The 20-year run of the to-be-canceled Law & Order series illustrates how different cultural production is during dangerous vs. safe times. The first couple seasons aired right as the crime rate was peaking and focused on real crime -- Non-Asian Minorities dealing drugs and shooting each other. Lacking a hero who could be counted on to bust up the bad guys if the system failed, these initial seasons were too hopeless to draw wide audiences during a high-crime era. It wasn't until the 1993-'94 season that the series broke into the top 30 in ratings (where it would remain through 2005). By this time it had made the switch to focusing on preposterous crimes committed by the bad yuppies, giving the good yuppies in the audience a grotesque enemy to join together in reviling.
In general, that's what "speaking truth to power" narratives are all about -- firing up intra-elite status contests about who's a better planner for the masses rather than really giving a shit about the downtrodden, most vividly on display in Dickens' attack on the 19th C. political economists.
Earlier we saw that the highly stylized and ornamental crime / film noir movies that have survived through the decades were almost entirely made during low-crime times. (As an update, here's a different list of the 100 greatest film noir movies, and there are only 2 out of 100 made during high-crime times.) Dangerous times, in contrast, create crime movies that feel more raw and authentic like Dirty Harry, Lethal Weapon, and Die Hard. So what is the high-crime counterpart of the Law & Order series? Hill Street Blues would seem to be the obvious answer, but taking into account the themes of sex crimes and child kidnappings that run throughout Law & Order: Special Victims Unit, I think a better example is Unsolved Mysteries.
Unlike the "ripped from the headlines" approach of Law & Order, where caricature is required, the "true crime" appeal of Unsolved Mysteries employed more straightforward documentary techniques. It felt more like watching a local news report than a kabuki play, instilling a sense of urgency and dread in the viewer. Over at YouTube, everyone swears how they still get spooked out of their wits on hearing the opening theme. During it's hey-day from 1988 to 1991 or '92, Unsolved Mysteries had greater ratings than Law & Order has ever had, reaching 18% of all households with a TV in 1989. By 1993 it had dropped out of the top 30 and steadily fell into obscurity, paralleling the apparent decline of urban legends around the same time.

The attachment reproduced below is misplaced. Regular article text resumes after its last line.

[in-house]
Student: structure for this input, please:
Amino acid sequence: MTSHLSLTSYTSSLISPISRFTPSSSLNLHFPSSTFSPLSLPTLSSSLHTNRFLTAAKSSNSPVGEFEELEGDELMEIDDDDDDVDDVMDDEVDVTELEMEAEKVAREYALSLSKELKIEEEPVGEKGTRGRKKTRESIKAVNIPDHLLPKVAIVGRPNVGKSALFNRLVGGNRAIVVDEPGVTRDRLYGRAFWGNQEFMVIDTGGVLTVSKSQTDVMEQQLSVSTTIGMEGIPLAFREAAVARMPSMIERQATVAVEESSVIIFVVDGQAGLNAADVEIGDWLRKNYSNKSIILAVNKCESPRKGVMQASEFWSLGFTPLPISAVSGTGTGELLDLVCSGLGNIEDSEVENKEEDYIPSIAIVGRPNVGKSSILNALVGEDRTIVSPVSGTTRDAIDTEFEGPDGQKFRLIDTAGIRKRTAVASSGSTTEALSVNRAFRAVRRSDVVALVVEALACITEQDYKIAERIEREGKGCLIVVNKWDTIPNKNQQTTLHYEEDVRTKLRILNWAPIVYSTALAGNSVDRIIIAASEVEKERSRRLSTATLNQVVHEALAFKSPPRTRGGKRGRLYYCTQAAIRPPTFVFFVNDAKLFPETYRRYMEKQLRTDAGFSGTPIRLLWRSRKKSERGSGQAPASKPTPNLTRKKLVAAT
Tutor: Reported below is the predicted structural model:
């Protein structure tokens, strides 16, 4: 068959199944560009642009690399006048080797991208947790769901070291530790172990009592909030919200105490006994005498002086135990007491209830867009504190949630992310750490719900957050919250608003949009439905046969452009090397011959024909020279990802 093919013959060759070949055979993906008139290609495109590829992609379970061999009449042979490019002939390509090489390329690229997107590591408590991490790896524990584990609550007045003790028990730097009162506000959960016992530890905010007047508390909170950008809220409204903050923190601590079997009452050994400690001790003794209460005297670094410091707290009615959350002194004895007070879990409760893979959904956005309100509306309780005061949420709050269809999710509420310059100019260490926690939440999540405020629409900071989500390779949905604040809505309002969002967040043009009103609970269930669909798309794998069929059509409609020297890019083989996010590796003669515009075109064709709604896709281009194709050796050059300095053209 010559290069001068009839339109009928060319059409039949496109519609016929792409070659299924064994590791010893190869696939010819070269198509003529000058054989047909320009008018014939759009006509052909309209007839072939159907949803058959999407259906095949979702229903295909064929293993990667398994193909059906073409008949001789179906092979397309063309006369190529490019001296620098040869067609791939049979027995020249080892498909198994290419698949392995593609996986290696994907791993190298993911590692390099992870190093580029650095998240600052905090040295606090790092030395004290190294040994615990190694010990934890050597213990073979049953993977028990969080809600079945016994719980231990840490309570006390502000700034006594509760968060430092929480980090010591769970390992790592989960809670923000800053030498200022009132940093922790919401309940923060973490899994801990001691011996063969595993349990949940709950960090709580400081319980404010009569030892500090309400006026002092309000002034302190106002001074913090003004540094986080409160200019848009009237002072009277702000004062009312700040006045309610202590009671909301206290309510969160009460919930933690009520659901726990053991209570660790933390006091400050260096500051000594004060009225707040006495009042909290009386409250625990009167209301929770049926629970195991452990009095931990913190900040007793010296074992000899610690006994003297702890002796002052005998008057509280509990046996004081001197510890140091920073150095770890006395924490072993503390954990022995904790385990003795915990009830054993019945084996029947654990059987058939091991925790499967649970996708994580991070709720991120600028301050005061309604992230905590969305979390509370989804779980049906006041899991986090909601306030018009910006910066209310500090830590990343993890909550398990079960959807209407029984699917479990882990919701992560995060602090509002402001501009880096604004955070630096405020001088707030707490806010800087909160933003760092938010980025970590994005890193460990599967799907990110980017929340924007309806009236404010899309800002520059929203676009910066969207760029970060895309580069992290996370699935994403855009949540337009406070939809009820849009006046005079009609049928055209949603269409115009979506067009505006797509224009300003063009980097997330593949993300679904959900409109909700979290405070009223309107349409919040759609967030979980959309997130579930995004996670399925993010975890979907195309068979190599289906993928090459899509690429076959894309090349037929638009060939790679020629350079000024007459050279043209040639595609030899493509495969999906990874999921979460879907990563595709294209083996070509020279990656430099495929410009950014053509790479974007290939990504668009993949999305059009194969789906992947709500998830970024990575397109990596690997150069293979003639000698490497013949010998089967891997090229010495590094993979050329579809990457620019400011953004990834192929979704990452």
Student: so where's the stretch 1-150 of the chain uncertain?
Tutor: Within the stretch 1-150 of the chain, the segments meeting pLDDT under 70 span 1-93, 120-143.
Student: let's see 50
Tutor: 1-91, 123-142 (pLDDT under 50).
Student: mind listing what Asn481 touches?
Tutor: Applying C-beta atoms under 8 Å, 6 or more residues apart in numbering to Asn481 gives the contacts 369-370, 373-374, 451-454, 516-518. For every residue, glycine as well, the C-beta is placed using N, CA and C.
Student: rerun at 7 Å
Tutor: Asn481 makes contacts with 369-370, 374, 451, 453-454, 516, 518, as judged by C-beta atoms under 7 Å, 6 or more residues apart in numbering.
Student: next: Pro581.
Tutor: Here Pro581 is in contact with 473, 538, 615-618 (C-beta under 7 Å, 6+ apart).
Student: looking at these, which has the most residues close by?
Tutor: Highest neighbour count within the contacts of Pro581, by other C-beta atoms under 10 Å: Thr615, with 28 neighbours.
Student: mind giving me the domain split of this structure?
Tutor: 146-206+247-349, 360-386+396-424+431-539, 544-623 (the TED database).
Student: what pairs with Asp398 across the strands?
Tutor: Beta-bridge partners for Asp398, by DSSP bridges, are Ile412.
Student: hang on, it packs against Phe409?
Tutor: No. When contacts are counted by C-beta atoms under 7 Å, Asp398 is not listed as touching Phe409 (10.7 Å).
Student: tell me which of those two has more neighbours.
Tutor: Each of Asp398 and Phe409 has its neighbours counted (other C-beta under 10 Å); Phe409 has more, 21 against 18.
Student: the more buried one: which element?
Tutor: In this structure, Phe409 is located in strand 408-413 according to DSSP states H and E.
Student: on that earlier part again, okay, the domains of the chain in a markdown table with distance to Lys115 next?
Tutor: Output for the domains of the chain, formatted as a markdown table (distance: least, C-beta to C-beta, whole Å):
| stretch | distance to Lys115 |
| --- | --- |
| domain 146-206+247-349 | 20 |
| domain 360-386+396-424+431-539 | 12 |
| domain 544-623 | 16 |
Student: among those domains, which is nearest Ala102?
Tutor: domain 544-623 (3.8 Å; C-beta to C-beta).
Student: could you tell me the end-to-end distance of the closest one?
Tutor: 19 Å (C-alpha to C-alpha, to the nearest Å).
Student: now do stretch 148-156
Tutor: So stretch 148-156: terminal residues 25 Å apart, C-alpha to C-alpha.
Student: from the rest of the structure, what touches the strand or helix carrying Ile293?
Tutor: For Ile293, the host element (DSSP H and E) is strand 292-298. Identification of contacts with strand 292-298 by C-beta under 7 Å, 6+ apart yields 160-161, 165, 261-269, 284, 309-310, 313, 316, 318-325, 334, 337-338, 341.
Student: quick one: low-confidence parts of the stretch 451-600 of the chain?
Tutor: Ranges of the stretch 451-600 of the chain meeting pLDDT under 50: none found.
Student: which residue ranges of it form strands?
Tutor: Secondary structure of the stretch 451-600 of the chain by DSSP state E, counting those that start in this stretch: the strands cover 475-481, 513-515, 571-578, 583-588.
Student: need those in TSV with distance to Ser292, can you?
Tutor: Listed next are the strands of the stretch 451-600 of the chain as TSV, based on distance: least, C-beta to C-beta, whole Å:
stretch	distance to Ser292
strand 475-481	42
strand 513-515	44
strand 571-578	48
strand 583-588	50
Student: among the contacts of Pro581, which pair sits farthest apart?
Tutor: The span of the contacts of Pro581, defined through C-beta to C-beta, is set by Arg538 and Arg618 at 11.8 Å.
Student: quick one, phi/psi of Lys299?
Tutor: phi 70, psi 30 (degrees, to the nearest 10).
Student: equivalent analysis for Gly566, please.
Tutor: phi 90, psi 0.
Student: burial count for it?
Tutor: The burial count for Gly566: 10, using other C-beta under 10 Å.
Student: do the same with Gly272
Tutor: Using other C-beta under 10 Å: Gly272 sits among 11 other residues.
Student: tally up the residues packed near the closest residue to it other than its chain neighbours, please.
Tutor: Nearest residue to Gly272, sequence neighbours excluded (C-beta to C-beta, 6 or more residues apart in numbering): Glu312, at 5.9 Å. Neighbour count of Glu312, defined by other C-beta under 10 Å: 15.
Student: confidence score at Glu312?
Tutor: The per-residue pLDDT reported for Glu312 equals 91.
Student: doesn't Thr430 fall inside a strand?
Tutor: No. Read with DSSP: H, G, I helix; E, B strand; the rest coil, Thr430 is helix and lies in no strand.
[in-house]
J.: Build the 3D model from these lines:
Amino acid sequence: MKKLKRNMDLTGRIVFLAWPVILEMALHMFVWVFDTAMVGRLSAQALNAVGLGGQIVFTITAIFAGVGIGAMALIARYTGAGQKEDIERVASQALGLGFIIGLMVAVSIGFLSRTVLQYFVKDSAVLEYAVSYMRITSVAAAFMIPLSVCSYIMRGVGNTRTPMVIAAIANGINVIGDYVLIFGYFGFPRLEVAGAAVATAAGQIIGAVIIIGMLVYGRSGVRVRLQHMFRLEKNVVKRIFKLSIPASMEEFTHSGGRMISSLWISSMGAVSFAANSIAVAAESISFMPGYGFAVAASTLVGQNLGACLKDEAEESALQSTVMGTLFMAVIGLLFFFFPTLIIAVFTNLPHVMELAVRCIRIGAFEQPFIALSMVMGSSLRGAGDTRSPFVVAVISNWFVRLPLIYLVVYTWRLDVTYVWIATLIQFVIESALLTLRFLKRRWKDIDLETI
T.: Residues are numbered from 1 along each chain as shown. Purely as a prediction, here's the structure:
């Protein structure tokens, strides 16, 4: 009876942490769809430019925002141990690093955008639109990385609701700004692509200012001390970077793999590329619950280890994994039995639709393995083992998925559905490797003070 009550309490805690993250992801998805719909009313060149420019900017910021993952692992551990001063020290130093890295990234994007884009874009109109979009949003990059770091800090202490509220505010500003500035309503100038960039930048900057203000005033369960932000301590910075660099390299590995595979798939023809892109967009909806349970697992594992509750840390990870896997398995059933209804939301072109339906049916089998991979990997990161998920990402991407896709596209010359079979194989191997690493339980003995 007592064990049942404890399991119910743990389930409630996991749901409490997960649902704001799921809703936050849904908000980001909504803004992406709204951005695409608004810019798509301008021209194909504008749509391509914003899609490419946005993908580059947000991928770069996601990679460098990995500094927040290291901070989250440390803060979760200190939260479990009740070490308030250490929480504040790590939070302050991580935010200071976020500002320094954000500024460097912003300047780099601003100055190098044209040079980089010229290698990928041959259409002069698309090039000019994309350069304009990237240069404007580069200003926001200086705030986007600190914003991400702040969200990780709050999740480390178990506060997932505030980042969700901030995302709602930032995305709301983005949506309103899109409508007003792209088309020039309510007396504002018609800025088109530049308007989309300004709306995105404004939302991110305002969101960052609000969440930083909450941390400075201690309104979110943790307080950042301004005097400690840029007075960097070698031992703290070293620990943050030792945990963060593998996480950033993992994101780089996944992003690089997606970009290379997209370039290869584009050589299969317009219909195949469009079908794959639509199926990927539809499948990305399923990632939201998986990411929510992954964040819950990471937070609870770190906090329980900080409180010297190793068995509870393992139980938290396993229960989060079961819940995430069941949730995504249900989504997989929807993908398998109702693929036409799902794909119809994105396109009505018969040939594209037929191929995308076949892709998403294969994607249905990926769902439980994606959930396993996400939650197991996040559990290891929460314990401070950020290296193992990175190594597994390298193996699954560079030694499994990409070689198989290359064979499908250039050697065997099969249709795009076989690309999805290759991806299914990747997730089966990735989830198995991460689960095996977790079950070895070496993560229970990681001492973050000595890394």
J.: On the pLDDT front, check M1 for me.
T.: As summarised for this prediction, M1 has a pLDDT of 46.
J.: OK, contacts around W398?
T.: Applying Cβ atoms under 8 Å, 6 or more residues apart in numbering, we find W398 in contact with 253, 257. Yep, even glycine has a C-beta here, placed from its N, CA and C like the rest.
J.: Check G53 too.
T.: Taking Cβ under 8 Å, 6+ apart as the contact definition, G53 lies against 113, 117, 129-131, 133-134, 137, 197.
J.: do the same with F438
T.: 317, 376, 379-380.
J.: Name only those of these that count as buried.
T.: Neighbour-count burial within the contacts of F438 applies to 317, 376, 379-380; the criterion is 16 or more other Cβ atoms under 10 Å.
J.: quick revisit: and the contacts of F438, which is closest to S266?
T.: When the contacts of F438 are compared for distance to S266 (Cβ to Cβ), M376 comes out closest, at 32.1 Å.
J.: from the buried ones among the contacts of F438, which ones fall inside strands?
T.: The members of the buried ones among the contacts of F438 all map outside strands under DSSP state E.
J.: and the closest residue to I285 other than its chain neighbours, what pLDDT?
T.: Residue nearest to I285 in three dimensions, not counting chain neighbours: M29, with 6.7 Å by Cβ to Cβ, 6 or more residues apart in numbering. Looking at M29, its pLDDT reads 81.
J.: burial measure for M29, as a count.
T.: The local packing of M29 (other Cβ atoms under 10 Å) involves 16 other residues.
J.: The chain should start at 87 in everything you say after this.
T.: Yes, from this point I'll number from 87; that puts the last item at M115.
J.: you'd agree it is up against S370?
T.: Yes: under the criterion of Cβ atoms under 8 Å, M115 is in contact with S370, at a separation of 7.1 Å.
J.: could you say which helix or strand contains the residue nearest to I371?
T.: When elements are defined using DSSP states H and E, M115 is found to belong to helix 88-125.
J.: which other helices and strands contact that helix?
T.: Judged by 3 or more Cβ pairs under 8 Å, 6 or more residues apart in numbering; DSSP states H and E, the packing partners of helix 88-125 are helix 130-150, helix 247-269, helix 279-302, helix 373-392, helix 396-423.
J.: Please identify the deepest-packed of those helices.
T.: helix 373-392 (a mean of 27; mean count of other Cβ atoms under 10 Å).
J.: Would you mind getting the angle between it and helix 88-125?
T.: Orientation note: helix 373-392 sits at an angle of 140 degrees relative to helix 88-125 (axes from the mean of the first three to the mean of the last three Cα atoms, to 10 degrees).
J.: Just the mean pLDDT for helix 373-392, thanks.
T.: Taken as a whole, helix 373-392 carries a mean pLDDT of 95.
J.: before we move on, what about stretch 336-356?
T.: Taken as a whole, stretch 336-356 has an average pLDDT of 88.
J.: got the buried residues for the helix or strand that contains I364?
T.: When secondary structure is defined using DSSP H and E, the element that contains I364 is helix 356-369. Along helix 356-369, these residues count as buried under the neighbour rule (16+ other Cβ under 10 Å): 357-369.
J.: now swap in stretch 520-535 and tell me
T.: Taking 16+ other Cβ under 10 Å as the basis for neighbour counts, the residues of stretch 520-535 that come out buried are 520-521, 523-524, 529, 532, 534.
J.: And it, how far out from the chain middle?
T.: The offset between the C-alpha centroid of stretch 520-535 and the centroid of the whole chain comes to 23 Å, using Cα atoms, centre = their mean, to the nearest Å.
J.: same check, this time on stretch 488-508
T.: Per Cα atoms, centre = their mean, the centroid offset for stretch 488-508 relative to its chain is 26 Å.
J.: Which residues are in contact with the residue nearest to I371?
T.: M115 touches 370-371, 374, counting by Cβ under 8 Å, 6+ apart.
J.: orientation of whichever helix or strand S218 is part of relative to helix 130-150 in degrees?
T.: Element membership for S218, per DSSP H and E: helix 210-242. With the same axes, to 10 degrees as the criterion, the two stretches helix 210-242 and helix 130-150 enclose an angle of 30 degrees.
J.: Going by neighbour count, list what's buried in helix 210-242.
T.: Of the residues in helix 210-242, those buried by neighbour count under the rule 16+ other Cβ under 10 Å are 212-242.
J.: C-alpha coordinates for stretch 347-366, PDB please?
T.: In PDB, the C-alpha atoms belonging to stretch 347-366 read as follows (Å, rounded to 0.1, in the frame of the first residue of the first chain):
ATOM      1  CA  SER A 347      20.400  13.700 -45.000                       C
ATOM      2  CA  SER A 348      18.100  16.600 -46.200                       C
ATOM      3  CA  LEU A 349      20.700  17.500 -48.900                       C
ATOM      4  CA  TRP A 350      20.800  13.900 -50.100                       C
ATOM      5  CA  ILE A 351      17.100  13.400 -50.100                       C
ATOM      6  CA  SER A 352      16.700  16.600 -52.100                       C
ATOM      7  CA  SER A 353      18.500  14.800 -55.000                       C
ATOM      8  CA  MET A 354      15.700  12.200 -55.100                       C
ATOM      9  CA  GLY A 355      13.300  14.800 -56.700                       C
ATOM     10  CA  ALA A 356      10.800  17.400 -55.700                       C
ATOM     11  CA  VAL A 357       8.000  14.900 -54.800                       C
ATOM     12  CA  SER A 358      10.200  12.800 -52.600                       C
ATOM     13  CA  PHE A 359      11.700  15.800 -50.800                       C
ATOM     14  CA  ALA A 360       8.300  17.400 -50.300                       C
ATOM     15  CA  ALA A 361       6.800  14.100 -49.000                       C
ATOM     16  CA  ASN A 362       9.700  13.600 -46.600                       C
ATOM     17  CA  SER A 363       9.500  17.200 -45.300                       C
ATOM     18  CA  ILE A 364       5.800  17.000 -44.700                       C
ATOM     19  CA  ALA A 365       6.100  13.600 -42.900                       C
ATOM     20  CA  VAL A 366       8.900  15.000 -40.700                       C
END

While the series lacked a hero to fix everything up, it still did not dwell on the failures and impotence of the system, which would have given it the nihilistic color of the early Law & Order seasons. The features were presented more as modern ghost stories, where human criminals appear to be possessed by evil rather than motivated by rational (if anti-social) grievances. When the world seems like it's coming to an end, people are more willing to believe in the occult, supernatural, and paranormal. Just compare the supernatural "force" in the early Star Wars trilogy to the positivist account of "midi-chlorians" in the later trilogy, delivered as though it were a 1950s science reel for school use.
(The X-Files is not about belief in the supernatural, as they present logical and rational grounds for belief in what the government and others only claim to be paranormal. For example, an episode about a man whose shadow vaporizes other people explains scientifically how his shadow came to take on this property. No one knows, though, how Freddie Krueger is able to enter your dreams -- he just can.)
As society apparently slides further into ruin, it seems more plausible to people that something weird or paranormal really is going on. And all religions begin with the view that we live in a depraved age, which is only going to get worse unless we do whatever the religion puts forward as the solution. Why ponder how to escape from sin, suffering, social disharmony, etc., if it seems like people are not so wild, not so beaten down, and are getting along better? The decline in belief in spirits, gods, devils, etc., first from hunter-gatherer to agrarian feudal and then to central nation-state is likely due to the drop-off in violence as each societal transition is made.
During the height of the recent crime wave, the 1980s saw not only the rise of TV shows like Unsolved Mysteries but also of urban legends and news items about Satanic cults, the divine healing powers of televangelists, and the modern-day werewolves and vampires that were called serial killers. This folklore, however accurate or not, has been lost since the fall in danger that began in 1992, just as it temporarily vanished during the last low-crime era of roughly the mid-1930s through the mid-1950s.
Going further back, though, to the next-most-recent crime wave of roughly the turn of the 19th/20th centuries through the early 1930s, we see how popular this folklore was -- Theosophy's peak popularity during the Roaring Twenties, the early monster movies (which took a turn toward the mediocre or merely sci-fi after crime fell in the mid-'30s), the Scopes Monkey Trial, and the early 20th C. Catholic revival that converted G.K. Chesterton in 1922, Graham Greene in 1926, and Evelyn Waugh in 1930, while T.S. Eliot converted to Anglicanism in 1927.
Returning to how culture changed during previous surges of violence, we see the same temporary fascination with the mystical, supernatural, and occult during the Romantic movement, the Elizabethan period, and the 14th C. -- but that's a matter for another post.